A Chapter from the Story of Pauline Parsons

William P. Morrison, 1916 - 72 páginas

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Página 46 - I conceive it to be the business of Moral Science to deduce, from the laws of life and the conditions of existence, what kinds of action necessarily tend to produce happiness, and what kinds to produce unhappiness. Having done this, its deductions are to be recognized as laws of conduct ; and are to be conformed to irrespective of a direct estimation of happiness or misery.
Página 71 - What is it all, if we all of us end but in being our own corpse-coffins at last, Swallow'd in Vastness, lost in Silence, drown'd in the deeps of a meaningless Past?
Página 13 - Truths emerge from facts; but they dip forward into facts again and add to them; which facts again create or reveal new truth (the word is indifferent) and so on indefinitely. The "facts" themselves meanwhile are not true.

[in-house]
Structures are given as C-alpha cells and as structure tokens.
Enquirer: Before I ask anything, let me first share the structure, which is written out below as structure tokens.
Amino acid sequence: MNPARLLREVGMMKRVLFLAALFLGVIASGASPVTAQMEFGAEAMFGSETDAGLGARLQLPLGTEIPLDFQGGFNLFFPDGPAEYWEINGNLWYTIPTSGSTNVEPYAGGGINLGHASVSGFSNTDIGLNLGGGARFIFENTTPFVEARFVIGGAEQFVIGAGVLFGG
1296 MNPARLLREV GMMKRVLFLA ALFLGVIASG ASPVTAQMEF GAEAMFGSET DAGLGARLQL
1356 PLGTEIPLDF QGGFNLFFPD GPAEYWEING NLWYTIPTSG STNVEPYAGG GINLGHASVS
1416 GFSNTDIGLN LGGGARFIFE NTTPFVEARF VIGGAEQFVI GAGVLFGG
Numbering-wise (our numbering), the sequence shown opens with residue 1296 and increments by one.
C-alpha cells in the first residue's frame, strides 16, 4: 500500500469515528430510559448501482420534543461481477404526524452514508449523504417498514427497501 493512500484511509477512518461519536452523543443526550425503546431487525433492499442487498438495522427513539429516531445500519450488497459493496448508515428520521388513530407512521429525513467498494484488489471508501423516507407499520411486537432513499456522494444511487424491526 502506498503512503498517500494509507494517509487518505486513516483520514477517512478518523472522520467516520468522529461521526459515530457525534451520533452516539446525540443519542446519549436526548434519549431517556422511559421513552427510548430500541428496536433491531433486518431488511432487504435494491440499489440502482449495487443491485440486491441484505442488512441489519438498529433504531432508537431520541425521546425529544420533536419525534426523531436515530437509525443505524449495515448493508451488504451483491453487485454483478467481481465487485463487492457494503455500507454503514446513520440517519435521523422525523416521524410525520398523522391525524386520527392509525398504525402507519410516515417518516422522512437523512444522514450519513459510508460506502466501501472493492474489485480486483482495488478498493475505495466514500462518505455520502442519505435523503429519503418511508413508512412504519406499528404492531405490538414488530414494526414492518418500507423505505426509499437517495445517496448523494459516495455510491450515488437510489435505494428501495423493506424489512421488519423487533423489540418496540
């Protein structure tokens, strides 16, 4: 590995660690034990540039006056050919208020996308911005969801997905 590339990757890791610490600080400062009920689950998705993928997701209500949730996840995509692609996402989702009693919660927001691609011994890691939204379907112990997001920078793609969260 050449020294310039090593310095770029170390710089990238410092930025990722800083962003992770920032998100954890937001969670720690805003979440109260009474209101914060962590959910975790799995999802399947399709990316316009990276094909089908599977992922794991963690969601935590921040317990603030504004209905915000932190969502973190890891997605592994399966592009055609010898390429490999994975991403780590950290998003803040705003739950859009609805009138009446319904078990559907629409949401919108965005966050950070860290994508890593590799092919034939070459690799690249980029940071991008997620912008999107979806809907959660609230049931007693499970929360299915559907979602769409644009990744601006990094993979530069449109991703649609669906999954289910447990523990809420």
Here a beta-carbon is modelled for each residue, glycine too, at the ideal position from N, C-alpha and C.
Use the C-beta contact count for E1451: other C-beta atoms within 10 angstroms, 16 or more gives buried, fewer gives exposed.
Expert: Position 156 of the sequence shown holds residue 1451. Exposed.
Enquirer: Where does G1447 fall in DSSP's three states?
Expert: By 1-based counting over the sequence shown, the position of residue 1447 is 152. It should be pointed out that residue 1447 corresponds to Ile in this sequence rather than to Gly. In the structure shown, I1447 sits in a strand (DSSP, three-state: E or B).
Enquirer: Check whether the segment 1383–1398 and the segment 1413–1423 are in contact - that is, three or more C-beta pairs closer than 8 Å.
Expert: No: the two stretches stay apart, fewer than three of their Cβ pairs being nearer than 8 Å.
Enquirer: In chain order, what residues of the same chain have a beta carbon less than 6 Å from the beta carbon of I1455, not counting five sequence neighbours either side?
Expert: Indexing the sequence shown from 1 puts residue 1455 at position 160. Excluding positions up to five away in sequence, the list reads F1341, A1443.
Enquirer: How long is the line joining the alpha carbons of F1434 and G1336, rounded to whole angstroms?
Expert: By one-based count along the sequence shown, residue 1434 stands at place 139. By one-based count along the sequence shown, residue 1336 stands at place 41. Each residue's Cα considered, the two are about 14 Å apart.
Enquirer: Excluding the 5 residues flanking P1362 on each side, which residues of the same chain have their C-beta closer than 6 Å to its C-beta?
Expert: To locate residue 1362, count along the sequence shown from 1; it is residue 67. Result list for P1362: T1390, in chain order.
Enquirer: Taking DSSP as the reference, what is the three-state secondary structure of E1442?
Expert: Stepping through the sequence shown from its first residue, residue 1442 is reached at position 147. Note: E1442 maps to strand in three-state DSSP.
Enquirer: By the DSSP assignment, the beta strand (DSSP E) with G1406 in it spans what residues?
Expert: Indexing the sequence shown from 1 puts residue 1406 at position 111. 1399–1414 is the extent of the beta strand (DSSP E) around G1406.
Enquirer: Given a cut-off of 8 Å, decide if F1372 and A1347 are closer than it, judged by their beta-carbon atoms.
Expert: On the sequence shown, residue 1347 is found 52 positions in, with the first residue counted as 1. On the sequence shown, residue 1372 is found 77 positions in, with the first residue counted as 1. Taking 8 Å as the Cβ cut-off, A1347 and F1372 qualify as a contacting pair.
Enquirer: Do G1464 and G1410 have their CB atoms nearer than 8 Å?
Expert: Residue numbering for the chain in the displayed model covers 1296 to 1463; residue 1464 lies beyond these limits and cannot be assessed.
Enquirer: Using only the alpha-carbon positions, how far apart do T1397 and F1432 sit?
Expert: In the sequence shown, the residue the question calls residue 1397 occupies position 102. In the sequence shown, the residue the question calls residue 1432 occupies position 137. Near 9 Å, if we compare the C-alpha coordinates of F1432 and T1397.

Página 66 - Then the supply of capital has nothing to do with the rate of wages," suggested Bob. "On the contrary it has everything to do with it — and also with the rate of wages of superintendence. But it has nothing to do with the relation between the rate of wages...
Página 47 - Absolute is not an existence but is 'valid,' 'it is not a thing but an obligation which prescribes beforehand the standards and the ideals of every individual endeavor.
Página 47 - Absolute of the neo-Hegelians," exclaimed Professor Hardy. "The Absolute is not a ghostlike existence but is an eternal rule that is to bind every will in its aim to attain the real world. The Absolute is not an existence but is 'valid...

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